Vatican Bank’s offshore Cayman Islands banking Division under Review

This article was last updated on April 16, 2022

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Outrage grows over document leeks, concerning the Vatican Bank’s offshore Cayman Islands banking division. 

Oddly enough, today, the Vatican bank, formally known as the Institute for Works of Religion (IOR), is aiming to comply fully with international norms and has applied for the Vatican’s inclusion on the European Commission’s approved “white list” of states that meet EU standards for total financial transparency. But this recent document leek could throw that chance into disarray.  

Talk in the Italian media about the Vatican Banks offshore account division is causing more to question if the Vatican could comply with any EU banking reforms whatsoever.

Pope Benedict XVI is 84-year-old and is showing signs of slowing down.  Just last week, an Italian newspaper published some of the leaks, including an internal Vatican memo that involved one cardinal complaining about another cardinal who spoke about a possible assassination attempt against the Pope within 12 months and openly speculated on who the next Pope should be.

What is at stake? In June 2012, a European commission will decide whether the Vatican has abided by tough international anti-money laundering and anti-terror finance laws by joining the so-called “white list” of countries that share financial information.

The Vatican has always been a closed city that has been blamed for covering up priests who were suspected child molesters and even relocated them, appointing such individuals into positions of power where they again reoffended.

To add to the intrigue, sources suggest a power struggle exists inside the Holy See.  “This consistory will be taking place in an atmosphere that is certainly not very glorious or exalting,” said one bishop with direct knowledge of Vatican affairs.

The sources agreed that the leaks were part of an internal campaign — a sort of “mutiny of the monsignors” — against the Pope’s right-hand man, Secretary of State Cardinal Tarcisio Bertone.  

Bertone, 77, has a reputation as a heavy-handed administrator and power-broker whose style has alienated many in the Curia, the bureaucracy that runs the central administration of the religious center of the church.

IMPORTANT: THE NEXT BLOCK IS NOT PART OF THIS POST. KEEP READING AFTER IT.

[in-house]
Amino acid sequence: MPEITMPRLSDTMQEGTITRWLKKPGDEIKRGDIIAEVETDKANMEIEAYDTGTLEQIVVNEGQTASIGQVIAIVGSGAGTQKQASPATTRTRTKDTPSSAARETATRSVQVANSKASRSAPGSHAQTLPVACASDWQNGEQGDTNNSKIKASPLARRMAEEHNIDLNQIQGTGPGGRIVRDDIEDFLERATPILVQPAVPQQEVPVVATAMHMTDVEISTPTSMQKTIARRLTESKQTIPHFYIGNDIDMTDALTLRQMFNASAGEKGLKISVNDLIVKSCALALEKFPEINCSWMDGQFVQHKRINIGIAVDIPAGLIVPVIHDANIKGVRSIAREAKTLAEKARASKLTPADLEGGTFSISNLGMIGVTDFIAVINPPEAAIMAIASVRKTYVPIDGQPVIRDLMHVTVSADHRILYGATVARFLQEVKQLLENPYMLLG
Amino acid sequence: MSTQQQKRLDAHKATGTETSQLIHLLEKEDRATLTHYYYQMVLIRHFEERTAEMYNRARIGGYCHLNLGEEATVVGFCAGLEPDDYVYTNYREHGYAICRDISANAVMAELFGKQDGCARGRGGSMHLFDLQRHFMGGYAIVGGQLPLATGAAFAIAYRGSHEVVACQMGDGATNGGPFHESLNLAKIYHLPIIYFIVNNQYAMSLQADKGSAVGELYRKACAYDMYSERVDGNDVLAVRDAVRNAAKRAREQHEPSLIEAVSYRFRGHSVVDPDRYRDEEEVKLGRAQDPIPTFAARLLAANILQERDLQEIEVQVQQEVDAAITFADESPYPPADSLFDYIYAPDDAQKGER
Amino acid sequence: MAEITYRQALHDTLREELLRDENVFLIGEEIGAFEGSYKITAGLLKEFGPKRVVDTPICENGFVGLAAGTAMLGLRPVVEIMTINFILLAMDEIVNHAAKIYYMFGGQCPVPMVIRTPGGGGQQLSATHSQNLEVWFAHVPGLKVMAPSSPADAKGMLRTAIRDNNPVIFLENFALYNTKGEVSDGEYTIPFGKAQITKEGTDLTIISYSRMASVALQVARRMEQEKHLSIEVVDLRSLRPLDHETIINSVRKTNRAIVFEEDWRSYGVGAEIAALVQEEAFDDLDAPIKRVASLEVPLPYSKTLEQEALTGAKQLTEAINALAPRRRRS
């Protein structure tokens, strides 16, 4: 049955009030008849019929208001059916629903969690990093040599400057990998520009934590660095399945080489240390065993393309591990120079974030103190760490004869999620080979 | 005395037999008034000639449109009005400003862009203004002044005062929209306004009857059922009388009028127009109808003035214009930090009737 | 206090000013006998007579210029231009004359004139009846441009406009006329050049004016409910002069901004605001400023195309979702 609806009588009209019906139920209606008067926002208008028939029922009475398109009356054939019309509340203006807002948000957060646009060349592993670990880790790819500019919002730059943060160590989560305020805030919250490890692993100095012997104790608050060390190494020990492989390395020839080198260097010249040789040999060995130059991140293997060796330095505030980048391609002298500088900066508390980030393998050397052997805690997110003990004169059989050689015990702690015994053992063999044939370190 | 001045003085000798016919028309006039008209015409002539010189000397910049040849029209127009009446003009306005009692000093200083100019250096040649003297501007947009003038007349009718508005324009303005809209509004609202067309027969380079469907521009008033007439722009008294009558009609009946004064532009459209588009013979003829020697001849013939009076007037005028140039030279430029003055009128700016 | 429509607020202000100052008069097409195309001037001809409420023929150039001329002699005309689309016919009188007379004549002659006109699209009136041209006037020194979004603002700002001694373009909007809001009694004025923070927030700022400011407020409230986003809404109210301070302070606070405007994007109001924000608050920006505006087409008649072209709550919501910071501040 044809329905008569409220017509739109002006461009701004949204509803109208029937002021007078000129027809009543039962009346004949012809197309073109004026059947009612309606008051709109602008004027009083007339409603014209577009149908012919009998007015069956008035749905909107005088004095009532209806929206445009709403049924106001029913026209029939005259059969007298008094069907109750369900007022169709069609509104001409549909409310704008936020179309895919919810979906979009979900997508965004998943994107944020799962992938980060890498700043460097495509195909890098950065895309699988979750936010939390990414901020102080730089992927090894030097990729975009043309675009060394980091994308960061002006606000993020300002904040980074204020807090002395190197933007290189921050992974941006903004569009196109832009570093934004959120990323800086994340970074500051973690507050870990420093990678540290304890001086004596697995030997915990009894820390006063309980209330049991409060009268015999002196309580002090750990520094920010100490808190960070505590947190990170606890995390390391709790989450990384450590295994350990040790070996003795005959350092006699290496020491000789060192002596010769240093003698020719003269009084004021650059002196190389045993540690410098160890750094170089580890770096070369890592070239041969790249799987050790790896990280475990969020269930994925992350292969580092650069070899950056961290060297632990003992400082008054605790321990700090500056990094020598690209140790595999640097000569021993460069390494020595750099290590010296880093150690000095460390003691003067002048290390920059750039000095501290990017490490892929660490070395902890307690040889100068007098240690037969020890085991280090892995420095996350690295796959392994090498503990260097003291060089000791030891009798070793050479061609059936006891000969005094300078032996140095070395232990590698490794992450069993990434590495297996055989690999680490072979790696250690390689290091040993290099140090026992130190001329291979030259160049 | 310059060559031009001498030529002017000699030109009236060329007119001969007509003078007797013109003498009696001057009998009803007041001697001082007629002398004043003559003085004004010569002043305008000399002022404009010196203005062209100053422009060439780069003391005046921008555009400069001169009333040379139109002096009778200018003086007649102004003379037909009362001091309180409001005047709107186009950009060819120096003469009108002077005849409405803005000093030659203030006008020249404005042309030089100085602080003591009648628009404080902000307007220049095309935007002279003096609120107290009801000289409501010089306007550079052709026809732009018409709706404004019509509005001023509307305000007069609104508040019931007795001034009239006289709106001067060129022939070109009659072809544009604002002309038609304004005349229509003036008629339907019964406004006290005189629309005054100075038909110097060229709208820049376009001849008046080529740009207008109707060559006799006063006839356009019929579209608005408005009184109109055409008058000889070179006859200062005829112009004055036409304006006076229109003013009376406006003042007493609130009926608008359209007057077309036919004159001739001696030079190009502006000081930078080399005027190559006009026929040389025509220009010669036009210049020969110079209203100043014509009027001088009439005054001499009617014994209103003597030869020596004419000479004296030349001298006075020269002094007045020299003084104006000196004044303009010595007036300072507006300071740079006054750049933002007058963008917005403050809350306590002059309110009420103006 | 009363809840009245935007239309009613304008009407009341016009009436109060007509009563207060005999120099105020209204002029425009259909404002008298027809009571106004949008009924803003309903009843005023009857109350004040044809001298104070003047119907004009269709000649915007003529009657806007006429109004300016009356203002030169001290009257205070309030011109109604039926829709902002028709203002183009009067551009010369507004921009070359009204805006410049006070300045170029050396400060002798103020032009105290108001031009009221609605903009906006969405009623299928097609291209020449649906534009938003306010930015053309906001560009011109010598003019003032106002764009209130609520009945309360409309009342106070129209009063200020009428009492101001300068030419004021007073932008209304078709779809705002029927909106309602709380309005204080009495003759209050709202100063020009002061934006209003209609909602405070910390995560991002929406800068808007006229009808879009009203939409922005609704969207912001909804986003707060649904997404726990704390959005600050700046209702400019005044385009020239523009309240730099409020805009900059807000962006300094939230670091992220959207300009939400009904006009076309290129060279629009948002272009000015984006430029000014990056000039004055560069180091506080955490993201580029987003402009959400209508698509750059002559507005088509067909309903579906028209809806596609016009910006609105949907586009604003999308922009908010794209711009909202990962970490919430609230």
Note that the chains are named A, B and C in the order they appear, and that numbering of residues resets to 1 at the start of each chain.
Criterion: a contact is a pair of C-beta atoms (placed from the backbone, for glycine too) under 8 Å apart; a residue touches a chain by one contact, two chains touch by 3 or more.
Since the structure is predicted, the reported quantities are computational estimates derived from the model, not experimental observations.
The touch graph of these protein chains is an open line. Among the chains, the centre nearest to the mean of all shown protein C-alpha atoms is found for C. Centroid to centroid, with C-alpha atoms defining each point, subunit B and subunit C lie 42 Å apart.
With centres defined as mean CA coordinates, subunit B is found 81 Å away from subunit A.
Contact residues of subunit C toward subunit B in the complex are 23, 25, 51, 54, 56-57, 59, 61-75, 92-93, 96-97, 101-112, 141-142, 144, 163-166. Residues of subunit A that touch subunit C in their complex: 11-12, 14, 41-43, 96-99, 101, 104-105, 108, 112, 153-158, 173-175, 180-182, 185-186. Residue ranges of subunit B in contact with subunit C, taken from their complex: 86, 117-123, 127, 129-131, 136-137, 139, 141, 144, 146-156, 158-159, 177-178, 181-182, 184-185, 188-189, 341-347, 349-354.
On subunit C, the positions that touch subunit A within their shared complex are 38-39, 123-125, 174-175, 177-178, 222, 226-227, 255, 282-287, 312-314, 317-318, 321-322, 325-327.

Benedict chose him, rather, because he had worked under the future pontiff, then Cardinal Joseph Ratzinger, in the Vatican’s powerful doctrinal office. “It’s all aimed at Bertone,” said a monsignor in a key Vatican department who sympathizes with the secretary of state and who sees the leakers as determined to oust him. “It’s very clear that they want to get rid of Bertone.”

As of now, the main area of concern, however, is the Vatican Bank’s offshore Cayman Islands banking Division.   True to form, the Vatican Bank, or the IOR, is outside the Italian central bank’s regulatory grasp.   The Vatican is notoriously secret about this division, its clients, and amounts of its financial holdings.

Recent media spotlight suggest its clients consist of international financiers, Saudi oil barons, Russian Billionaires, German arms dealers, members of royalty and members of the underworld.

Some of the leaked documents have carried the processing stamp of the Vatican secretariat of state, implying an internal leak.  Only this year, the Vatican has taken remarkable steps in the past year to be more transparent in its financial dealings and co-operative with international requests for financial data.

The Italian media continue to search out the taste of corruption.  In fact, the leading newspaper Corriere della Sera is up in arms over such allegations.  This story will continue to unfold.

Paul Collins, author of Mack Dunstan’s Inferno

To contact him, go to:

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